JOURNAL ARTICLE
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Surgical outcome of epilepsy caused by cortical dysplasia.

PURPOSE: Cortical dysplasia (CD) is the second most common pathologic entity in surgically treated epilepsy. To delineate its surgical outcome and prognostic factors, we performed a retrospective analysis of patients operated on at a single institute.

METHODS: Between September 1994 and December 2000, 128 cases with CD were operated on at our institute. The male/female ratio was 85:43, and the mean age was 27 years (SD, 7.6 years). The mean postoperative follow-up period was 26.9 months (SD, 12.0 months). Seizure outcome and severity of CD were classified according to Engel's and Mischel's classifications, respectively. Severity of CD was mild in 69, moderate in 21, and severe in 38. Lobar distribution was temporal in 54, frontal in 48, and others in 26. Cortical resection, lobectomy, or hemispherectomy was done in all patients. Univariate analysis was done followed by multivariate analysis by using computerized statistical software.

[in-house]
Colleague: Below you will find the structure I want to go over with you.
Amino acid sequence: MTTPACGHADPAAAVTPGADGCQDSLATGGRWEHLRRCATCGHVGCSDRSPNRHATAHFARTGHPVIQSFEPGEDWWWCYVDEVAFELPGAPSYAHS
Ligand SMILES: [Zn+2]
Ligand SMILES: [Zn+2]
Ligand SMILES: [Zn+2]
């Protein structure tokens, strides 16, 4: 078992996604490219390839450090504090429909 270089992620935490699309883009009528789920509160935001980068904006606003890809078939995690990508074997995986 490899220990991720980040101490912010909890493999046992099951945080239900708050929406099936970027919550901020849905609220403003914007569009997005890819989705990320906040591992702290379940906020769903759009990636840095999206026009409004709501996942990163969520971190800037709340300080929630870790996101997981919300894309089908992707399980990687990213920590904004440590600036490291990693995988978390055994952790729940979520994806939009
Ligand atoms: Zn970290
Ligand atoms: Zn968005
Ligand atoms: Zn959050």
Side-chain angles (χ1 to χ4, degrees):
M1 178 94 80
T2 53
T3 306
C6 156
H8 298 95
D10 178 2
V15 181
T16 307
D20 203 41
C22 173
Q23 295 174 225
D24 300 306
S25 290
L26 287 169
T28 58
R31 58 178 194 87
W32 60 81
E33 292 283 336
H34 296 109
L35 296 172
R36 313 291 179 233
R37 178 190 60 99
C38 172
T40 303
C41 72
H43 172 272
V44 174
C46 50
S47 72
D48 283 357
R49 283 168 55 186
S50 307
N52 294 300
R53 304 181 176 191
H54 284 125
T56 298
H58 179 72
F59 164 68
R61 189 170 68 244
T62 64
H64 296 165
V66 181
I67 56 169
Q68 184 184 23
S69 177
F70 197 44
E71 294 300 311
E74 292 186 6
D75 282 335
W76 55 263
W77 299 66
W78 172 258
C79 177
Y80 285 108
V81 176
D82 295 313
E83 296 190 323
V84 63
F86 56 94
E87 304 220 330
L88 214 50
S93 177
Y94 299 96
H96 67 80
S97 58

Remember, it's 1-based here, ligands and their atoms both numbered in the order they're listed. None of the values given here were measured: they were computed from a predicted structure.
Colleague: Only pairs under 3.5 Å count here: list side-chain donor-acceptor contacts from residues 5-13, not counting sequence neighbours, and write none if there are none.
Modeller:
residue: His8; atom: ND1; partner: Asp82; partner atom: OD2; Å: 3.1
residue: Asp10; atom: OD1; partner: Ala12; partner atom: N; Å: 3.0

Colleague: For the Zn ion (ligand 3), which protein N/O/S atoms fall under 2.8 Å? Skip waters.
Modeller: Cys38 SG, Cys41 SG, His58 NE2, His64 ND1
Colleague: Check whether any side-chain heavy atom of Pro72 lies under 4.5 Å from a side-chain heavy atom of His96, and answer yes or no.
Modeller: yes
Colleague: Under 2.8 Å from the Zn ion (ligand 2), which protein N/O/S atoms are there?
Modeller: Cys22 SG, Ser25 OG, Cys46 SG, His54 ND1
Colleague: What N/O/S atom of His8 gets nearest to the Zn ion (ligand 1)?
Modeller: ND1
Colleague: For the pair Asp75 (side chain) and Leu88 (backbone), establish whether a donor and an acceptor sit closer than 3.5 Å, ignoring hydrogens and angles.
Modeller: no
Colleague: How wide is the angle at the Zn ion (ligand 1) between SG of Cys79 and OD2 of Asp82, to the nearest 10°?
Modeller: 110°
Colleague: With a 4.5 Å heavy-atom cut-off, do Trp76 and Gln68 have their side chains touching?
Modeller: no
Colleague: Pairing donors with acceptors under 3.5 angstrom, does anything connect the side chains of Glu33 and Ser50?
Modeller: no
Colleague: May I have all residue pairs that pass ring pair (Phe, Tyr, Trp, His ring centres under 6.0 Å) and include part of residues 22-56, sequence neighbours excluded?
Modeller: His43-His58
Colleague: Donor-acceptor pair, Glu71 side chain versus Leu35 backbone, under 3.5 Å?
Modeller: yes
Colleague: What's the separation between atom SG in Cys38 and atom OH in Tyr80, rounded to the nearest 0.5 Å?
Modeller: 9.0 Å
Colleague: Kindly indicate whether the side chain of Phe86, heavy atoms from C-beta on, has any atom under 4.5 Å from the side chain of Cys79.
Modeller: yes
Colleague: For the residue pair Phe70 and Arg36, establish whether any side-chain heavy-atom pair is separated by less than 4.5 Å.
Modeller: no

RESULTS: Postoperative seizure outcome was Engel class I in 58 (45.3%), II in 17 (13.3%), III in 16 (12.5%), and IV in 37 (28.9%). Transient postoperative complications occurred in 14 (10.9%) patients without mortality or permanent neurologic impairment. Multivariate analysis revealed severity of CD and frontal lobe resection as independent prognostic factors for worse outcome (p = 0.001 and 0.003, respectively).

CONCLUSIONS: Epilepsy surgery for CD achieved 45.3% seizure-free rate with 10.9% transient postoperative complications in our institute. Worse postoperative seizure outcome was observed in cases with mild CD and frontal lobe resection.

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